>>> [ ... ] open() syscalls (open for writing) were taking
>>> significantly more time than they should eg. 15-20ms vs
>>> 100-150us. [ ... ] That means that we create lots of files in
>>> /mountpoint/some/path/.tmp directory, but directory is empty
>>> as they are moved (rename() syscall) shortly after file
>>> creation to a different directory on the same filesystem.
>>> The workaround which I found so far is to remove that
>>> directory (/mountpoint/some/path/.tmp in our case) with its
>>> content and re-create it. After this operation open() syscall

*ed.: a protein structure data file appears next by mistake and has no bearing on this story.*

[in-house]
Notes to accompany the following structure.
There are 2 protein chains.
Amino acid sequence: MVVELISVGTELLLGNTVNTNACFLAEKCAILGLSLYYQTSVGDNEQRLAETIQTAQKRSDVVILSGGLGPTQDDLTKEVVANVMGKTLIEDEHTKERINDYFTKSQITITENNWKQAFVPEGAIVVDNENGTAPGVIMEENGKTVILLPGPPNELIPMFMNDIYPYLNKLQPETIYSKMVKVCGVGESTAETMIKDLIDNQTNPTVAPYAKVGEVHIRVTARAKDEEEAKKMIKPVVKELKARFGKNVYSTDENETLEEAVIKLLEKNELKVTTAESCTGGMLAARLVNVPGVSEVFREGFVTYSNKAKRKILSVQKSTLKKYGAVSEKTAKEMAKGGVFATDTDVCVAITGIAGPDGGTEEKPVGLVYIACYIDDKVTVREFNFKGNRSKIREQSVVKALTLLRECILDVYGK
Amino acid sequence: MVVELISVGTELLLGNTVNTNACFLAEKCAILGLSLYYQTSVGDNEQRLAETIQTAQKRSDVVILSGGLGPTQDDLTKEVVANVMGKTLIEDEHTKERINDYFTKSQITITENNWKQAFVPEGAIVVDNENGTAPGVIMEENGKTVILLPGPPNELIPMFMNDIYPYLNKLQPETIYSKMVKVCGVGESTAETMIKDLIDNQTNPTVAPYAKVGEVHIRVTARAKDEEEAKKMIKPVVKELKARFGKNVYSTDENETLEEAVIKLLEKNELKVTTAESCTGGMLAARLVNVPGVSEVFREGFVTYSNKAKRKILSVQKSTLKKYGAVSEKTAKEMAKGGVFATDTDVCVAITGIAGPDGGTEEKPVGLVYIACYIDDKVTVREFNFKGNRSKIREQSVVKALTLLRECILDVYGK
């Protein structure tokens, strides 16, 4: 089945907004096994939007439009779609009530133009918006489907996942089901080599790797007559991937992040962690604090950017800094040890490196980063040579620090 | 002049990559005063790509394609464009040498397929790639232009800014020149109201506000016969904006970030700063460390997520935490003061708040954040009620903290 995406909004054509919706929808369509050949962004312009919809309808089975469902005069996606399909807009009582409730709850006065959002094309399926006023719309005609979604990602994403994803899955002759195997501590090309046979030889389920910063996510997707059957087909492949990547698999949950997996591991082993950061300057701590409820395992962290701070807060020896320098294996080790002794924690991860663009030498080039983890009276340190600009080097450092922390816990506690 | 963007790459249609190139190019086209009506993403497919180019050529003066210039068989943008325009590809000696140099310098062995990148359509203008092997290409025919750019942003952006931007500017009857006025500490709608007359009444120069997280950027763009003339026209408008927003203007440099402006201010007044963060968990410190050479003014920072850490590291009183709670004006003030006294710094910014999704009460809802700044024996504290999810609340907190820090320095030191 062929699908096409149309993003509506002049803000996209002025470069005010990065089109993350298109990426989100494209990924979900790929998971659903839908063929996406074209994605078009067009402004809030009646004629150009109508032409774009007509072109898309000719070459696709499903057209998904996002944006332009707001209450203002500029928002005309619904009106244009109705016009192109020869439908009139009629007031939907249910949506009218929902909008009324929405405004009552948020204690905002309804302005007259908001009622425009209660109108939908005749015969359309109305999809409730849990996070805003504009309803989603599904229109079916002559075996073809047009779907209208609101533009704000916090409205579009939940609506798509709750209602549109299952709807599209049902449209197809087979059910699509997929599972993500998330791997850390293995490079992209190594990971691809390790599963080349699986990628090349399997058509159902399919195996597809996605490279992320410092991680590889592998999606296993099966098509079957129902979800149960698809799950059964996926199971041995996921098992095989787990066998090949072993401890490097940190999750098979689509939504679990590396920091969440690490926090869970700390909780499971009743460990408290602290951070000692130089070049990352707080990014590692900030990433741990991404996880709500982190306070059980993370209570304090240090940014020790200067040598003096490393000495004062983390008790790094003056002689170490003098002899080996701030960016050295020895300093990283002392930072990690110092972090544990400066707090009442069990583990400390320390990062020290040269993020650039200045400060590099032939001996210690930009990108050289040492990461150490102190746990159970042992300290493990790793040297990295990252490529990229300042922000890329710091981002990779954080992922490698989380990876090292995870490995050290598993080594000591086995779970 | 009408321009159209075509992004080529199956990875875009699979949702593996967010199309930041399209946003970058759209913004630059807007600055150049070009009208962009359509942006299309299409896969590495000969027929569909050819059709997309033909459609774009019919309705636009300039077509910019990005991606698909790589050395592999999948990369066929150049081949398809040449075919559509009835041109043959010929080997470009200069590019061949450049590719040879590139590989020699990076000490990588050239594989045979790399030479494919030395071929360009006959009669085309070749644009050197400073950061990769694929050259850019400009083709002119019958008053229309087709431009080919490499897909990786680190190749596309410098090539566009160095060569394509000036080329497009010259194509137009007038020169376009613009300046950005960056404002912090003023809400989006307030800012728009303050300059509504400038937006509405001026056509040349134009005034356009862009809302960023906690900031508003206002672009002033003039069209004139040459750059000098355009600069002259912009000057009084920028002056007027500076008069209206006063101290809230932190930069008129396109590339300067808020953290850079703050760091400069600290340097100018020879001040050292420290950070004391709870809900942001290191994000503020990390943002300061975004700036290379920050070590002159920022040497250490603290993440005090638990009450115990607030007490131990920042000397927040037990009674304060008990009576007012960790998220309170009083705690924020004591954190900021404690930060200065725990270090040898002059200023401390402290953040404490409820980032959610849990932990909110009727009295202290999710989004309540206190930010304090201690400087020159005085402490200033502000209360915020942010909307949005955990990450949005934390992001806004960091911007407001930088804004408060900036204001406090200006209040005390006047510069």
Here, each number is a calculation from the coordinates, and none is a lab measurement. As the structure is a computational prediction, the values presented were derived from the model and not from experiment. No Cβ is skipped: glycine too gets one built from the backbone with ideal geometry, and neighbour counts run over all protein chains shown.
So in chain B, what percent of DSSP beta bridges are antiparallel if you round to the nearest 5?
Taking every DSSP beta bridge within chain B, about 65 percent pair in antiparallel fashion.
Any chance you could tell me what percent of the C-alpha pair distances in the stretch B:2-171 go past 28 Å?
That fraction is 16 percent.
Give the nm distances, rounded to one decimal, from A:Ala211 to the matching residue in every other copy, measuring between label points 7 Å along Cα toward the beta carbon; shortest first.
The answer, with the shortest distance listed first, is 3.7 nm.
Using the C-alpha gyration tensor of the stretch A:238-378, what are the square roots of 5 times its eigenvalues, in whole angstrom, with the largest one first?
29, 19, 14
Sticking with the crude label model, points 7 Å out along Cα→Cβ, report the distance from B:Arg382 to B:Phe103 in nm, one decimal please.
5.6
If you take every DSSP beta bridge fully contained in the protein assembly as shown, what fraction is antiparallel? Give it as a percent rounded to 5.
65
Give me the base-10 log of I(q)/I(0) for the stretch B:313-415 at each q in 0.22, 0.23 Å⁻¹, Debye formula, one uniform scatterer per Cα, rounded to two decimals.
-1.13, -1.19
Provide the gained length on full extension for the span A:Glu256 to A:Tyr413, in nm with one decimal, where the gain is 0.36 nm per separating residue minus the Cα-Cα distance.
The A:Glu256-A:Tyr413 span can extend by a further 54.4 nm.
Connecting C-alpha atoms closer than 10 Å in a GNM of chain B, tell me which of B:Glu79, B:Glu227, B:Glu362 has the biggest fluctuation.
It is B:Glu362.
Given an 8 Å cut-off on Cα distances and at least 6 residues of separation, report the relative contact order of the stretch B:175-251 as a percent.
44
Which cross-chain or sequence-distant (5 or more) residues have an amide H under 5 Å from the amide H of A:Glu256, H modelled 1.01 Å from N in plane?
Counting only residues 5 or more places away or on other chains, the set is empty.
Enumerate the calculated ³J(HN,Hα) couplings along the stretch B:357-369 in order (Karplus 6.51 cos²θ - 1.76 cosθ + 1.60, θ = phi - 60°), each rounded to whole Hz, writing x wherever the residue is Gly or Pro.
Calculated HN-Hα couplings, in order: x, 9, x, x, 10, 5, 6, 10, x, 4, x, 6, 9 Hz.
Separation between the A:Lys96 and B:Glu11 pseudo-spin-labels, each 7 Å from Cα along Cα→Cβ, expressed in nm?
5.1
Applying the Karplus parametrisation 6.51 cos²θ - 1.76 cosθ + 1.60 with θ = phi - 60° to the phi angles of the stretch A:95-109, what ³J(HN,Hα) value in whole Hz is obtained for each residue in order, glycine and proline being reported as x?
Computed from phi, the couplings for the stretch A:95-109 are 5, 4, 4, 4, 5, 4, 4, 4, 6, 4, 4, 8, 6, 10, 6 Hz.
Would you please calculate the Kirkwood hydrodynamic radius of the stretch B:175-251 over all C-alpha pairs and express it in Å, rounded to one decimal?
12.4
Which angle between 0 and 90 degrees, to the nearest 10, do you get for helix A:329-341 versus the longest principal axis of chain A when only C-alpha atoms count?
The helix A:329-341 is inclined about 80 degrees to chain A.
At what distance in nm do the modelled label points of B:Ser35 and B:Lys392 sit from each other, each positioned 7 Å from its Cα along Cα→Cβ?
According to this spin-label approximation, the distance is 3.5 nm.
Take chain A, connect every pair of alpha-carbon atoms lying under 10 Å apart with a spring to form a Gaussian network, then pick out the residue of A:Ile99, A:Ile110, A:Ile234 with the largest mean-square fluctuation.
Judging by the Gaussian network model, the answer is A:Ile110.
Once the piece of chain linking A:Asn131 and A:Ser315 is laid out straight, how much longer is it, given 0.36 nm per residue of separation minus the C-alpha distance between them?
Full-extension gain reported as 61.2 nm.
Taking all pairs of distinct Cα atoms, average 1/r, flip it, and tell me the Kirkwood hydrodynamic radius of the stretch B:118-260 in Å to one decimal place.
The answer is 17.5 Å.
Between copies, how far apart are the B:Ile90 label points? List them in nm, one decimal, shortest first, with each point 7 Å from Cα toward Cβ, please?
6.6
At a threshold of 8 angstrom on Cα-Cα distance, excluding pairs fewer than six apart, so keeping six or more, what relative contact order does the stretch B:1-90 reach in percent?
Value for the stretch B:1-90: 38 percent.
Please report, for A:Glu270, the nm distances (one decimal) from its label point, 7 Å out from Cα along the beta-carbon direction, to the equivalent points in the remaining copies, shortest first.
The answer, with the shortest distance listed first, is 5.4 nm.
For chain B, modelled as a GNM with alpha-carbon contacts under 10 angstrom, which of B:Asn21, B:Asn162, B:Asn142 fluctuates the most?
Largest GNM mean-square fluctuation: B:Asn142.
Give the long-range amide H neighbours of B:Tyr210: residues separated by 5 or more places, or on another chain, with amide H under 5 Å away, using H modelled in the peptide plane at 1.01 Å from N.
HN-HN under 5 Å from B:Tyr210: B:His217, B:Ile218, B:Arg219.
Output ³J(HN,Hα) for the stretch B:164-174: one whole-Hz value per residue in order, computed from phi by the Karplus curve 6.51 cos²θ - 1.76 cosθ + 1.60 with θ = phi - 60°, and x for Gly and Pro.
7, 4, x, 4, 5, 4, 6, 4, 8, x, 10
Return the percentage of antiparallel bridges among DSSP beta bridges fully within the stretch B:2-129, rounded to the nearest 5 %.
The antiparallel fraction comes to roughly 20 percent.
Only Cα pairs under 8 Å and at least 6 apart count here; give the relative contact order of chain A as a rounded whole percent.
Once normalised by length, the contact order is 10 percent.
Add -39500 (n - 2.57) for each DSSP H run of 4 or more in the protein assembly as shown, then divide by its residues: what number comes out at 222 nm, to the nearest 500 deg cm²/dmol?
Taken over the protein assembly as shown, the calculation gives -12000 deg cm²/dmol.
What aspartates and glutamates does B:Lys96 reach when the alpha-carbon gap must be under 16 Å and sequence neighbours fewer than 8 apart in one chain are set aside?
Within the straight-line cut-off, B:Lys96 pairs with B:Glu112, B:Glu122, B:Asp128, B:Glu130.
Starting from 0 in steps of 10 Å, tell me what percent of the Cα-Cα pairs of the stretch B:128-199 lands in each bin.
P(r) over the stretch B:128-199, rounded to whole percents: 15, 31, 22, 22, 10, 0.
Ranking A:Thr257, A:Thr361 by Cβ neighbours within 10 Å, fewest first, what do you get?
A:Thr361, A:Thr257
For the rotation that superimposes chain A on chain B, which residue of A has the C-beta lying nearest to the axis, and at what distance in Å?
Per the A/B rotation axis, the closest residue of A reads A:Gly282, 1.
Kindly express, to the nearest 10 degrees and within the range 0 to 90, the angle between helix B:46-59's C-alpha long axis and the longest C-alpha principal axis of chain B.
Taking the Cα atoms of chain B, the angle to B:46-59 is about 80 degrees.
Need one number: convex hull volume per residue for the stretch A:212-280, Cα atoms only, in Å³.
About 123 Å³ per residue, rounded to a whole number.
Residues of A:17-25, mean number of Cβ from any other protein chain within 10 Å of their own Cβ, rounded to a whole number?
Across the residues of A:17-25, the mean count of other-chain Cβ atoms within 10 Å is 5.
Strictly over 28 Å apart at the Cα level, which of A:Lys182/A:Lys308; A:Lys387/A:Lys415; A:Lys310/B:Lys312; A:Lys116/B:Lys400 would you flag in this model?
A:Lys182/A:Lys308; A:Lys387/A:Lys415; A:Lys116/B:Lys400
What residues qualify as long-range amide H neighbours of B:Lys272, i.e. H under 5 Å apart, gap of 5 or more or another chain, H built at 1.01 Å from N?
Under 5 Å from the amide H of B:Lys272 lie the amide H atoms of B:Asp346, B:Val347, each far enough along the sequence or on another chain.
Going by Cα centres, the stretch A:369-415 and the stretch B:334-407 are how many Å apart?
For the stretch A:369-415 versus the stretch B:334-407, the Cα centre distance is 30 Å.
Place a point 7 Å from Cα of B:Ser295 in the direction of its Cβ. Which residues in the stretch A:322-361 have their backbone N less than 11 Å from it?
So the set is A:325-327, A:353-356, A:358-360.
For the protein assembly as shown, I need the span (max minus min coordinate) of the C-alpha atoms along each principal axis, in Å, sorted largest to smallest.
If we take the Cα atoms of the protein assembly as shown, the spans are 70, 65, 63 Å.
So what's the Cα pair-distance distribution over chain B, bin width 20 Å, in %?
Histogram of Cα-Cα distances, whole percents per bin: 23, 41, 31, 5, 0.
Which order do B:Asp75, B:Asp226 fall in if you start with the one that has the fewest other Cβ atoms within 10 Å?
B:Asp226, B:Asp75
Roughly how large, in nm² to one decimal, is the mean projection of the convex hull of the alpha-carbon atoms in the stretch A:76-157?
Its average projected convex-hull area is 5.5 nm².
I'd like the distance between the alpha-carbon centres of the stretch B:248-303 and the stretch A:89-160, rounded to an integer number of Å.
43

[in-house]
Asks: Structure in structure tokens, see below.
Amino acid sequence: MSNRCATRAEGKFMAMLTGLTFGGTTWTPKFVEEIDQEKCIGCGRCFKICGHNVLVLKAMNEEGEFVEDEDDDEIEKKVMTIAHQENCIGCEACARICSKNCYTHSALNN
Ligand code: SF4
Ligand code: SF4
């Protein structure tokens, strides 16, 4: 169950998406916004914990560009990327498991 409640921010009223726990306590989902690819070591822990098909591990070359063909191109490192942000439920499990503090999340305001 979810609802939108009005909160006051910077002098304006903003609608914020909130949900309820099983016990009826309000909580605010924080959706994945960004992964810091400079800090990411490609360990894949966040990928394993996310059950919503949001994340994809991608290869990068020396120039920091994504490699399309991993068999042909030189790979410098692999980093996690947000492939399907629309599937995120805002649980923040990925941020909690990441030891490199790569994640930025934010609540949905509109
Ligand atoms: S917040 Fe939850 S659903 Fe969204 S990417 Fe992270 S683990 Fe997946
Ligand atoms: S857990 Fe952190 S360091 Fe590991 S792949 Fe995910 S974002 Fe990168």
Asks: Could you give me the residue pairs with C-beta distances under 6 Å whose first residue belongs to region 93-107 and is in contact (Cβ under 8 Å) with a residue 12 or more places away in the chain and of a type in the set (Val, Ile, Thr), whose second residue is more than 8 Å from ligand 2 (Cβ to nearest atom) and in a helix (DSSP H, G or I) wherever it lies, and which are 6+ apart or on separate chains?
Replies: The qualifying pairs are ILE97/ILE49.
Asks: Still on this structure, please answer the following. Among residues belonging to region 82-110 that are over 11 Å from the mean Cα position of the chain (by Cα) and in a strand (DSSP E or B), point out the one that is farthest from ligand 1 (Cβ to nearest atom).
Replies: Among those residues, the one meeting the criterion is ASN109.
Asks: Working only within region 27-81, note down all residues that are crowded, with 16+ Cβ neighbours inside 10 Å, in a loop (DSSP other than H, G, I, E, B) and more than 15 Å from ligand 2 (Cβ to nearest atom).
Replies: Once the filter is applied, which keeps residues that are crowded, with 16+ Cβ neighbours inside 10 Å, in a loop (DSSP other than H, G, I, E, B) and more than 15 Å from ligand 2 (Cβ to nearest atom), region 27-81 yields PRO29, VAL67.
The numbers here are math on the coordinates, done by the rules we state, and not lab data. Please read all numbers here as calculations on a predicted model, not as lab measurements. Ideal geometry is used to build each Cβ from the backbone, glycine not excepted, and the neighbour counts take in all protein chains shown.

>>> goes down to 100-150us again.
>>> Is this a known problem ?
Indeed, two known (for several decades) problems: using
filesystems as DBMSes and directories as spool queues.
[ ... ]
> After mounting XFS with inode64 I see performance improvement
> (open() now takes ~3ms vs ~15ms previous) although it's still
> not something I would expect (~150us.)
It would be amusing to know why ever to expect a random metadata
access operation to take 150µs on *average* on a storage system
that seems to have rotating disk with 10-15ms *average* access
The metadata operations may have locality, but unsurprisingly
that decreases with time...